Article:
Apart from ‘veiled’ polls, polls with more differentiated questions would be helpful; for instance, do you support independence if Hong Kong can peacefully separate from China? If you are against independence, is it because you fear China’s response? Taking into account only your personal preference, do you favor independence?
A large amount of anecdotal evidence from interviews with activists, politicians, journalists and academics shows an ever-increasing number favoring independence, often as much as anything else because it has become impossible for them to see how Hong Kong could achieve democracy and protect its rights and liberties in any sustainable way under Communist rule.
While the exile Uyghur World Congress does not take an explicitly pro-independence position, it refers to Xinjiang as East Turkistan. Its symbol has the year 1933 on it, the year the first independent republic of East Turkistan was proclaimed. Both it and the Uyghur American Association explicitly advocate self-determination for Uighurs.
Conclusion: Party policy on the peripheries has been a miserable failure
It’s worth stressing that even among regime opponents who accept being part of China in some way, no matter where they come from, there is no enthusiasm for being part of China, especially any China ruled by the Party.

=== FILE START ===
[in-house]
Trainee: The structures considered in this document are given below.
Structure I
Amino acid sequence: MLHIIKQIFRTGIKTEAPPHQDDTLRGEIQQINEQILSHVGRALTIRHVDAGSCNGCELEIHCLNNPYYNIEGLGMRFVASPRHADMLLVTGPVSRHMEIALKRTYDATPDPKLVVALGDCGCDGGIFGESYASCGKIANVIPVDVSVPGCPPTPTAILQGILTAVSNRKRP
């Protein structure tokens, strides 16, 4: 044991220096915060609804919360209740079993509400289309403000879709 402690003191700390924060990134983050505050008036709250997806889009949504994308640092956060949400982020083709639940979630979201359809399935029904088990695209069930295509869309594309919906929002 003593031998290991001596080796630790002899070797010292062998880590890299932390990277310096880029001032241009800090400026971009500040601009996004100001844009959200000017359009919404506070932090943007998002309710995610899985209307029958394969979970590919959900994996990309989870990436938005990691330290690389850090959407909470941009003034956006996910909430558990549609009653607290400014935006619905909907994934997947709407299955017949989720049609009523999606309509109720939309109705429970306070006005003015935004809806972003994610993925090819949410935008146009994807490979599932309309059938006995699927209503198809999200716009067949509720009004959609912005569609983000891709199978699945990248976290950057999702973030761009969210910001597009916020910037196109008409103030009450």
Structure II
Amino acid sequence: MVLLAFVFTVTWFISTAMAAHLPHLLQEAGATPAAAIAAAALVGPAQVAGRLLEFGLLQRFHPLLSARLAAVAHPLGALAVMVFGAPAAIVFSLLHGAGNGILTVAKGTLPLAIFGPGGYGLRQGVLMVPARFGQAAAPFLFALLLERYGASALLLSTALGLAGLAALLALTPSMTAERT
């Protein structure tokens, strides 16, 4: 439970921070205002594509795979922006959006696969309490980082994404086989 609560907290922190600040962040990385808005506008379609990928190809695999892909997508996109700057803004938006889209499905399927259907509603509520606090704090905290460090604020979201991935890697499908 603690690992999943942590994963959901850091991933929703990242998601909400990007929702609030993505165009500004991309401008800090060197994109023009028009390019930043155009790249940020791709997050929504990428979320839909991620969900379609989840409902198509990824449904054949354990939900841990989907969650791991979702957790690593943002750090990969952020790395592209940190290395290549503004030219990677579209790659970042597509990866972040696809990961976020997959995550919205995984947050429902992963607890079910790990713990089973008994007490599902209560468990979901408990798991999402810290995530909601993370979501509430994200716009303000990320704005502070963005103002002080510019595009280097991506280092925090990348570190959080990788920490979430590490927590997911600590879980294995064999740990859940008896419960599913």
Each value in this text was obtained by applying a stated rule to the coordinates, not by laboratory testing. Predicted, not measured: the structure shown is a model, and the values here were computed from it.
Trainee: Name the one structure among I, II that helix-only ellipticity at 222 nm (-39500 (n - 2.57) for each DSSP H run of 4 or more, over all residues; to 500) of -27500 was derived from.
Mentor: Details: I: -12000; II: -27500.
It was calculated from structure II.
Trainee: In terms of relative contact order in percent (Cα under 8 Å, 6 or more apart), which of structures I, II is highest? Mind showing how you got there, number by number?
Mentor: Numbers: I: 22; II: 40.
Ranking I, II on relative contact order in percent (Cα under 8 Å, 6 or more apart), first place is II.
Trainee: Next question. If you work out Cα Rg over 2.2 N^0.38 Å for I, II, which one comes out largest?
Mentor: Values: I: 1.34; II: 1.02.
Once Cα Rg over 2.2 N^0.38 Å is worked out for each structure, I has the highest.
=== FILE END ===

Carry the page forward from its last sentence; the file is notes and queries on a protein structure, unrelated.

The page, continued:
Rather, those who hold these positions simply regard other options such as independence as unrealistic; real autonomy under Chinese sovereignty is not the most desirable option but, they believe, the best deal they can get.
In the cases of all of the peripheries, the debates and the political awareness of their peoples run far ahead of anything the Party intended for them. If the measure of success of the Communist Party’s policies towards the peripheries is their consent to Party control, then it has failed miserably.
It’s 69 years since the Party took control of Xinjiang, 68 years after invading Tibet, 21 years after the handover of Hong Kong. And having called for the “reunification” of Taiwan with the “motherland” for the entirety of its rule, rather than gradually gaining the assent of the peoples of the peripheries to Chinese rule, the Party has alienated more of them than ever.
The power of the peripheries